College Softball Prepares UNC's Kianna Jones For Team Canada
To be a Division 1 softball player in the NCAA landscape is a tremendous accomplishment in itself. To simultaneously represent your country on a national team requires next-level athleticism.
For Kianna Jones, this is her reality. The rising redshirt junior at UNC is a transfer student-athlete from the University of Minnesota. She moved on to Chapel Hill after the 2021 season.
According to Jones, her journey from the Big Ten to ACC was all about development.
“(It was) an opportunity to understand myself better as a person and as a player,” Jones told Softball America. “I wanted to have a different role on the team, one where I can make an impact both on and off the field.”
It also helped that Jones was given the opportunity to be coached by the legendary Donna J. Papa, who recently retired from her position as head softball coach at UNC after 38 seasons at the helm of the program.
For Jones, having that kind of expertise on the coaching staff at UNC, along with a team culture that supported her, helped her feel prepared to perform at not just the collegiate level, but also for Team Canada.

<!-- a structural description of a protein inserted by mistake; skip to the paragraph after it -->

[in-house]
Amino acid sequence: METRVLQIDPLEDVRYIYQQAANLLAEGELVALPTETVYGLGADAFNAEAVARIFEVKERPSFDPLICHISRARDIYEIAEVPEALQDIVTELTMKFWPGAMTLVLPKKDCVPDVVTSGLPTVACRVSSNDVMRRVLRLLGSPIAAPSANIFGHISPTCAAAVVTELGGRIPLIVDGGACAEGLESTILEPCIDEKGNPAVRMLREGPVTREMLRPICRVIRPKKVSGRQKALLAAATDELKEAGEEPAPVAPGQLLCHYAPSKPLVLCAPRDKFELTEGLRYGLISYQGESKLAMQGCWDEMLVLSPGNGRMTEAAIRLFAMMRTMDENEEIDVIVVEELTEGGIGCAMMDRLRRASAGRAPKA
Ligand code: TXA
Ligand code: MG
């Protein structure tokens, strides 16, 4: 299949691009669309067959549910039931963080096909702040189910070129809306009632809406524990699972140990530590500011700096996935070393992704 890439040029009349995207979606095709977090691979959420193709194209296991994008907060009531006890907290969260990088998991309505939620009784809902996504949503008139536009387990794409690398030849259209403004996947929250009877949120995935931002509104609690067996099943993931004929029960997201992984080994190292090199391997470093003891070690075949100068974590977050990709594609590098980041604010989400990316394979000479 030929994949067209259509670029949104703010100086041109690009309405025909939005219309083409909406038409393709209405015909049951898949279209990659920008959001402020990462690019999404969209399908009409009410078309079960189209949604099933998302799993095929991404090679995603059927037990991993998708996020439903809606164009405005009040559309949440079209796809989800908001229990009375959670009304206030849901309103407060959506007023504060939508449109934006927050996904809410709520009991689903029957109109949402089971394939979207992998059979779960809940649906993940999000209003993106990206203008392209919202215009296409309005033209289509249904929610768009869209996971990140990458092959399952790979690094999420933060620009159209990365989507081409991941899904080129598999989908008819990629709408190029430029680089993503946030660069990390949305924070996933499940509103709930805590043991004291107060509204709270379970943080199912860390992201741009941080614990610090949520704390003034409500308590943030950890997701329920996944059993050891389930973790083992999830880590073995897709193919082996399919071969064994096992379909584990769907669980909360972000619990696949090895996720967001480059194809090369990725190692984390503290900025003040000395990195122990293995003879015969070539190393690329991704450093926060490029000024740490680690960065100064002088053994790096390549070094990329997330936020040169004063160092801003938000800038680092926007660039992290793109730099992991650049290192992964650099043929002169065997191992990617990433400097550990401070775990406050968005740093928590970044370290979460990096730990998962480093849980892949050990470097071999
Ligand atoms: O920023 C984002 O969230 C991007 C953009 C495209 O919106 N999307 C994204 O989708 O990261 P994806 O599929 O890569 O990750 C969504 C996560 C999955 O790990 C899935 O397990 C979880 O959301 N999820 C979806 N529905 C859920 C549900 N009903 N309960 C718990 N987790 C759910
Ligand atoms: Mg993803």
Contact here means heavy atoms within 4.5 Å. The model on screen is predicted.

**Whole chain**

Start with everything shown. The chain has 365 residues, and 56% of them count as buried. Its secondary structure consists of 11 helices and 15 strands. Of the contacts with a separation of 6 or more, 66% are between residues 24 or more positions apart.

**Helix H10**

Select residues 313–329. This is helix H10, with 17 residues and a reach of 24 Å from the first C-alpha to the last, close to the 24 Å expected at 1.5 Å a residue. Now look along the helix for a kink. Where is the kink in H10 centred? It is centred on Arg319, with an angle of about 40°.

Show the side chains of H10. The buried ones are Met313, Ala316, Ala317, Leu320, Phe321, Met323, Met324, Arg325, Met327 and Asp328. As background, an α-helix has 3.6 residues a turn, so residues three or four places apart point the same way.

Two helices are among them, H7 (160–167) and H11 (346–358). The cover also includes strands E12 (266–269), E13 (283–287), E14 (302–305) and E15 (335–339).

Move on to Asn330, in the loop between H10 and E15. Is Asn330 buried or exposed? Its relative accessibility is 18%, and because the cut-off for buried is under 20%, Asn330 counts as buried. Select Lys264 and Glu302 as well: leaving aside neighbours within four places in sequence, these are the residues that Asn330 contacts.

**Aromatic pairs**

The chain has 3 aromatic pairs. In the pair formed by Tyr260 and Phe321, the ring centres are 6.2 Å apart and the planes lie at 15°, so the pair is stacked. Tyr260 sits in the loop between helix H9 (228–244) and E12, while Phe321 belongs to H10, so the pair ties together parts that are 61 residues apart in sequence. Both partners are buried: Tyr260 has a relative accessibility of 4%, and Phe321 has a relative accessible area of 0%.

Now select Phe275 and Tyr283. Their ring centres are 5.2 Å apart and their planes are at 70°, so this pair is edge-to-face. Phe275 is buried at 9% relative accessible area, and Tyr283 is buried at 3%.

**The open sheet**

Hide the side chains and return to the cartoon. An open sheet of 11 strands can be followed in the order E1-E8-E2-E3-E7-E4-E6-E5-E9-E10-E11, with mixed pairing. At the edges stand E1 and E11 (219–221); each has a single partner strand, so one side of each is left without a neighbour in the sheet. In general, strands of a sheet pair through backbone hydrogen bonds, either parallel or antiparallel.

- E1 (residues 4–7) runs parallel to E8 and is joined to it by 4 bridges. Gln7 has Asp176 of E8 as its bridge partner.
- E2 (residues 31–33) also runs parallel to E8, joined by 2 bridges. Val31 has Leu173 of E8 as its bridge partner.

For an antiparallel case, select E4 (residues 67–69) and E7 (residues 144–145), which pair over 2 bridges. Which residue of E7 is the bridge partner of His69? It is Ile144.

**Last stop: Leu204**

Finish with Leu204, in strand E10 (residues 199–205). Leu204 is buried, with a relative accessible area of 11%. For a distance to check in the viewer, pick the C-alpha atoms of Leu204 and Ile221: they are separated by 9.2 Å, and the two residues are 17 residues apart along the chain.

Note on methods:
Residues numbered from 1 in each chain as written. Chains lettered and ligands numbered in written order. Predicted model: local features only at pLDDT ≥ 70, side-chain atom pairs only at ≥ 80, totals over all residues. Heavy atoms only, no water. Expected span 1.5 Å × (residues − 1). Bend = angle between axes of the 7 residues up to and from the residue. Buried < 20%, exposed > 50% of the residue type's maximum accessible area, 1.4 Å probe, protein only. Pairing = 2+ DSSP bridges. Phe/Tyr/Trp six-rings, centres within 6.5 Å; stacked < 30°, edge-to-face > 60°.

Jones grew up in Canada and played softball for “A”-level teams on the west coast of British Columbia. She has been a member of the junior and senior Canadian national teams since 2019.
“(Playing for the Canadian national team) has been one of the greatest experiences of my life,” Jones said. “The coaching staff and players have truly changed softball for me. They have taught me so much about not only being a better player, but a better person.”
Jones adds that playing for Team Canada has helped her see what it’s like to be a selfless teammate.
“We work as a family and understand that each member of the family has a role that will help us succeed as a whole,” Jones said. “Playing against some of the best players in the world has allowed me to push myself to work even harder to compete at that level.”
Jones believes her decision to transfer from Minnesota to UNC has positively impacted her performance on the field at the international level of softball.
For instance, when UNC competes against Florida State in ACC play, Jones is able to observe the coaching styles of both FSU head coach Lonni Alameda and volunteer assistant coach Kaleigh Rafter, who are both members of the coaching staff for the Canadian women's national team.
Jones says that learning from Team Canada's coaching staff is like “drinking from a fire hose,” in the best possible way. And for someone who aspires to play on Canada's women's national team for many years to come, that is not a bad problem to have.
“It’s a lot of information to process, but any progress is a win,” Jones added. “This opportunity to compete against the best players in the world and make my country proud is a true honor that I am lucky to have.”